"Tainted" moves: Subjects of contemporary travel literatures
Degree GrantorUniversity of Canterbury
Degree NameDoctor of Philosophy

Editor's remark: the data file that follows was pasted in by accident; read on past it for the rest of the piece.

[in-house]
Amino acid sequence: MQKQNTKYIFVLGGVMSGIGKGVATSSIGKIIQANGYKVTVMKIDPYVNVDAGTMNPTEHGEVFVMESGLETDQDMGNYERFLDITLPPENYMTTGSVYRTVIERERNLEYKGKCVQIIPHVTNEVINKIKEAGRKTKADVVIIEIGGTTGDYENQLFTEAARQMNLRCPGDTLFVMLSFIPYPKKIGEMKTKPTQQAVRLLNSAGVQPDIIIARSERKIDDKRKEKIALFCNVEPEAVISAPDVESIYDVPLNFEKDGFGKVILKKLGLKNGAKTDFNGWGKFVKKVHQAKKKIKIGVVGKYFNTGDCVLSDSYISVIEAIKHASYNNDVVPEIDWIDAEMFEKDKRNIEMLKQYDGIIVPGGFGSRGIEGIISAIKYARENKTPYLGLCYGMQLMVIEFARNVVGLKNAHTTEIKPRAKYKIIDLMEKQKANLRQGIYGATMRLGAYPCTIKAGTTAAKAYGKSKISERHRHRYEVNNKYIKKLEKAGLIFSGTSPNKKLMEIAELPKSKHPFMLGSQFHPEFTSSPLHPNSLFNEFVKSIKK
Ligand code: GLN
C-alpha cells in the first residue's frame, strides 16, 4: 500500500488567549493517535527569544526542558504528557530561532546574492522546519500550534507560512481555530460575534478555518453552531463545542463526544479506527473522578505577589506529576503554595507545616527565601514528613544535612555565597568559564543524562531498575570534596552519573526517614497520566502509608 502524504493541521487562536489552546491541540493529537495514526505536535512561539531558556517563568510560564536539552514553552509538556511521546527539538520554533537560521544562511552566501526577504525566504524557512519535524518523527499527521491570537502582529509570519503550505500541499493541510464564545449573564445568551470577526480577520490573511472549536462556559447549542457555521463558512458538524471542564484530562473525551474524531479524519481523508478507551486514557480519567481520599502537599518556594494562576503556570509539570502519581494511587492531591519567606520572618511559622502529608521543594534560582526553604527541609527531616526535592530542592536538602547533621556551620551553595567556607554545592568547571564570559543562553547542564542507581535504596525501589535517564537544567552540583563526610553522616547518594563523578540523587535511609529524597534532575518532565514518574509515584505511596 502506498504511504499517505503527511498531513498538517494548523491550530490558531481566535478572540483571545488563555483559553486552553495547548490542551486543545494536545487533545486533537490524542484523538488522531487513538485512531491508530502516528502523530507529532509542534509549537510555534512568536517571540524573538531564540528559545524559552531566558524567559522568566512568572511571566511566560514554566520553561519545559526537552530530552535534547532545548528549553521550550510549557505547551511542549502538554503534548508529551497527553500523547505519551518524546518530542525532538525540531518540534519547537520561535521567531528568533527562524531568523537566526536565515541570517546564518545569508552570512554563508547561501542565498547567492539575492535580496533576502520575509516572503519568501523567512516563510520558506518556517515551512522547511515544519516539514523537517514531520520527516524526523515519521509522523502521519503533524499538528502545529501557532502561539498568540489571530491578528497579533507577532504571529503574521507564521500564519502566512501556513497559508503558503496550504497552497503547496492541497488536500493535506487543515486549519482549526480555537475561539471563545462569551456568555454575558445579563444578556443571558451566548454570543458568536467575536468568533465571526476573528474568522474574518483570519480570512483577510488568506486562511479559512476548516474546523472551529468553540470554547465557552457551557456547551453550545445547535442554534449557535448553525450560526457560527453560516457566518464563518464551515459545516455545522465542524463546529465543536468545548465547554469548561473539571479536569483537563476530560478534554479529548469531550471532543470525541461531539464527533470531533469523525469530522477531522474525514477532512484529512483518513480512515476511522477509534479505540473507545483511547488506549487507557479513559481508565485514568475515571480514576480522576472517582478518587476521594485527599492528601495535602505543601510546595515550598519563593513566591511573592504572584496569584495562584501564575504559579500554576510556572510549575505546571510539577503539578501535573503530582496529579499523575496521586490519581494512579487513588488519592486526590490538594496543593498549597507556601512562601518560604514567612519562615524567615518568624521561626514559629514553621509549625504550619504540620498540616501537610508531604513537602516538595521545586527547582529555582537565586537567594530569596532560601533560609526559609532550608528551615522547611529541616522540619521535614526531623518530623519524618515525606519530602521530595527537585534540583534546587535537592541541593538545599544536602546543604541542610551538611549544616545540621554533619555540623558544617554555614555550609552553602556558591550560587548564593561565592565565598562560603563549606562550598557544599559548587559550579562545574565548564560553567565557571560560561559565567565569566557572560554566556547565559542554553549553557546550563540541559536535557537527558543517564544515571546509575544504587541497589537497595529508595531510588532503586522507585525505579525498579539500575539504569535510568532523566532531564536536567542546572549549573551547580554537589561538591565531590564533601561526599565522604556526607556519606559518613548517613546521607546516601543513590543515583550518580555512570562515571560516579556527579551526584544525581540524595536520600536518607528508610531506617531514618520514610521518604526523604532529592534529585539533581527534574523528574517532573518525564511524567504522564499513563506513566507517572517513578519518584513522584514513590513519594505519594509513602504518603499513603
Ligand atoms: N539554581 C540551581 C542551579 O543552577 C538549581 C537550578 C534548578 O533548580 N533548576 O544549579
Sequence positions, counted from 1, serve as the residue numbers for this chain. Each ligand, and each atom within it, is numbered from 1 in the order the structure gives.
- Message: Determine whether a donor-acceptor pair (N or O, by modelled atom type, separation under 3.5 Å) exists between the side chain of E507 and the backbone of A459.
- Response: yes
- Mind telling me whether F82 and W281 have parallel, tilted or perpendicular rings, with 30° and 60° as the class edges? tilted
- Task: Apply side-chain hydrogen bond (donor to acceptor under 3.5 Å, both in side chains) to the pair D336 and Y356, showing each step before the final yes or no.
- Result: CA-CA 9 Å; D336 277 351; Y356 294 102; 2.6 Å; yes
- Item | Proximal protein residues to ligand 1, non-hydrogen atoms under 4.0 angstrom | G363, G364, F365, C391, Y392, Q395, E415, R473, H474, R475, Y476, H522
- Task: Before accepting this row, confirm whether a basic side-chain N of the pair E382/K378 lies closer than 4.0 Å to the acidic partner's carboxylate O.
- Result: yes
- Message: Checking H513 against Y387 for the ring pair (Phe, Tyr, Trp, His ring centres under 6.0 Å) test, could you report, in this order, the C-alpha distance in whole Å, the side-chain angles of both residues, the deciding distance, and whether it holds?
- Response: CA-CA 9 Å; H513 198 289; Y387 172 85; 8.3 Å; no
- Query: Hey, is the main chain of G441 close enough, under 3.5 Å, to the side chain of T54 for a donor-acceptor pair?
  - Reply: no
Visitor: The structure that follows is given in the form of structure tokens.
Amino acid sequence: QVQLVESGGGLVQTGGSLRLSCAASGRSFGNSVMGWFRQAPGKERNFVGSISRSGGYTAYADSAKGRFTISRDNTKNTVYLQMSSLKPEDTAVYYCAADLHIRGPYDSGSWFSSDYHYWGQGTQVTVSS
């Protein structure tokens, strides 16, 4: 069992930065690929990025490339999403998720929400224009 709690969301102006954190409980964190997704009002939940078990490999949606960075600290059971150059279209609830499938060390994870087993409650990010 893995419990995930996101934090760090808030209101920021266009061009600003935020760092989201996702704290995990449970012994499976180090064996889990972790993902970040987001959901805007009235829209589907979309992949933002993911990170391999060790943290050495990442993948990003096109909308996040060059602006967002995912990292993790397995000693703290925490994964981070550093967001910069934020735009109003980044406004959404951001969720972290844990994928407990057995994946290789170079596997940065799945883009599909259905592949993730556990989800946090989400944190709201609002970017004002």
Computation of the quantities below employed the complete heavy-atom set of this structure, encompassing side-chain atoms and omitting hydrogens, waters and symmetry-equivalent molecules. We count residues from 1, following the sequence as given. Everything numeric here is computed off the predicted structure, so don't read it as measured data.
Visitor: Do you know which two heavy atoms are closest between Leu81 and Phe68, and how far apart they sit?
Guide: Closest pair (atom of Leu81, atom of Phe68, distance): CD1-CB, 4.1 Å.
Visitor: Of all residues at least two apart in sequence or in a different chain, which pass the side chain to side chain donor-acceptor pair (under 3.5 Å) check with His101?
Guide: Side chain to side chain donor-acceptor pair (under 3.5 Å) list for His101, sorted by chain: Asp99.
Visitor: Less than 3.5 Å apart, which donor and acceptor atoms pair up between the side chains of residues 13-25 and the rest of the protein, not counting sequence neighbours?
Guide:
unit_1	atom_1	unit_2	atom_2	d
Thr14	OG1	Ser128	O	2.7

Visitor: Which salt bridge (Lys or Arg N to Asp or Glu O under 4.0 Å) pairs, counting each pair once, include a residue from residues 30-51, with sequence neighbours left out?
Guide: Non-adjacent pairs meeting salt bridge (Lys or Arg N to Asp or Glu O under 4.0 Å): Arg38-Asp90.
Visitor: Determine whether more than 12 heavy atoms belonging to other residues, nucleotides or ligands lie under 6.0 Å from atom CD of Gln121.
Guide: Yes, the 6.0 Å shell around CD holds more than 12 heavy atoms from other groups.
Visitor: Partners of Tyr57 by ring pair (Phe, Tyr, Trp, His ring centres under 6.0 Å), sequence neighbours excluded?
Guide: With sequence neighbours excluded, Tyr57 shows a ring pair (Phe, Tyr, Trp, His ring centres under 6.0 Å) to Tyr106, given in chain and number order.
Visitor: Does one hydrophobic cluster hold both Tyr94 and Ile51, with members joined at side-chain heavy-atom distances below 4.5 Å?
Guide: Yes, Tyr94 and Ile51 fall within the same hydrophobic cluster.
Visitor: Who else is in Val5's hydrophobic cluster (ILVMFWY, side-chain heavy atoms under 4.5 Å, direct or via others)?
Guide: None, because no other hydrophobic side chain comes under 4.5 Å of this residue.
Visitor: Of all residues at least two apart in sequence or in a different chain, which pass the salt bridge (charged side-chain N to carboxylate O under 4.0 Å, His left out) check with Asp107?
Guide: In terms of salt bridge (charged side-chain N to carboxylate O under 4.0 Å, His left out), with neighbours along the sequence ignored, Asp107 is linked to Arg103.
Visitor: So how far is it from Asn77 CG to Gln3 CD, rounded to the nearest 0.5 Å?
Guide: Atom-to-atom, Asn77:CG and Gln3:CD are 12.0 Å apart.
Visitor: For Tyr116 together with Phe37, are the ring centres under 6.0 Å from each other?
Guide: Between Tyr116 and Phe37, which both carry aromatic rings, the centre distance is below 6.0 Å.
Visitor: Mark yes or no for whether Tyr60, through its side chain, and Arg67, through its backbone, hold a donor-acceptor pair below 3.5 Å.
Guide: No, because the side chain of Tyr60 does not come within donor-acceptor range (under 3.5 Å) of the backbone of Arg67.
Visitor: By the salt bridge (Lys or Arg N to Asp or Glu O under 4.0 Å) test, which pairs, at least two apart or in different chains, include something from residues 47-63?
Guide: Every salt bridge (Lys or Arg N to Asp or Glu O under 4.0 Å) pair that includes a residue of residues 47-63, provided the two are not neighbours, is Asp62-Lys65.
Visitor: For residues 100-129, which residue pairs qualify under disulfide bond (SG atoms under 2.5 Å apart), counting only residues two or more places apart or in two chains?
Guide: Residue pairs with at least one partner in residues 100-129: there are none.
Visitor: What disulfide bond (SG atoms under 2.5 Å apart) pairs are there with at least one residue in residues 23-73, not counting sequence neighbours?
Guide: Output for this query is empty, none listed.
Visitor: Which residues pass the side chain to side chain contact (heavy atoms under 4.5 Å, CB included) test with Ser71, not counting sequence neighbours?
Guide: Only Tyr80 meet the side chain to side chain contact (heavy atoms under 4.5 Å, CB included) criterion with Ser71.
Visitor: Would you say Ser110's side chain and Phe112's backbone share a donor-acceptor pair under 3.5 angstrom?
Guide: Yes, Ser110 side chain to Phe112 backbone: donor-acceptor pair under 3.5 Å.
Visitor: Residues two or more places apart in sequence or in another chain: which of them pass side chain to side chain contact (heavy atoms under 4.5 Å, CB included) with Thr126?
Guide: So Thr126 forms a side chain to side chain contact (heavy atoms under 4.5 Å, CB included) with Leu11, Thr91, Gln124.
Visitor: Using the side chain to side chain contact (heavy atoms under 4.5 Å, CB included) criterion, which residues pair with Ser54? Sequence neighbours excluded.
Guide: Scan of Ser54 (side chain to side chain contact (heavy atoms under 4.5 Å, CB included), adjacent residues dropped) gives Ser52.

The research for my thesis falls within the relatively fresh field of travel writing literary criticism, an area of increasing interest as growing global trends of tourism, migration, exile and "nomadic" movements of people displace the models of habitation and identity central to many traditions of literature. Principally, I seek to address three major questions through this study: to search for what the specific subjects of travel are; to examine how they are constructed; and to discuss their significance in the contemporary context most relevant to each. Recently, the field of travel writing has become an increasingly important focal point for a range of competing and interconnected disciplines. Why have the directions of those questioning converged on what many still consider to be a rather second-rate, middle-brow class within literature? One answer is that travel writings are now considered a rich source for analysing key aspects of the representation of the world. A critical consideration of the various "modes" of travel writing reveals tIns discursive site as a vibrant arena for ideological interpolation, where neo-imperial interests and tastes are juxtaposed, complicated and challenged in divergent fields of "postcoloniality". This thesis looks at both theory and practice, responding to a selection of postmodern and cultural critical sources and primary literary texts, chiefly of the writings of Paul Theroux, Oliver Sacks and Jonathan Raban, Bruce Chatwin, Edward Said, Salman Rushdie, and Michael Ondaatje. My aim is to construct a framework of critical practice, using these texts, that attempts to explain the function and place of different strands of contemporary travel writing within literary, geographical, historical, and cultural contexts. I pay particular attention to the array of narrative styles and impulses available (noting the receptive biases of realistic, "ethnographic" writing and imaginative fictional journeys and intentional differences that are propelled by the various types of displacement) in order to deconstruct the processes of ideology at work in the production and reception of texts from different (and sometimes shifting) political locations. I seek to unravel some of the differentiated functions and places of contemporary travel writing within historically and culturally "tainted" contexts, in the Pacific, Australia, the Middle East and on an international scale, in terms of key narrative and representational traits, in order to postulate the political and cultural capital garnered from this popular form of writing. Hence, I have linked particular "modes" of displacement with key texts in order to re-examine the effective meaning of terminologies of displacement, and to effectively analyze traits of cultural imperialism embedded in new narrative practices of the tourist, nomad, exile and migrant. In addition, my focus addresses specific contemporary contexts that converge with the representation of both displacement and placement, including interventions into postcolonial and globalisation studies, the history of subjectivity, and literary studies to develop key thematic connections with concerns such as subjectivity, the relationship of globalisation to "home" and the correlating subjects of exile, diaspora, migration, dislocation and alienation.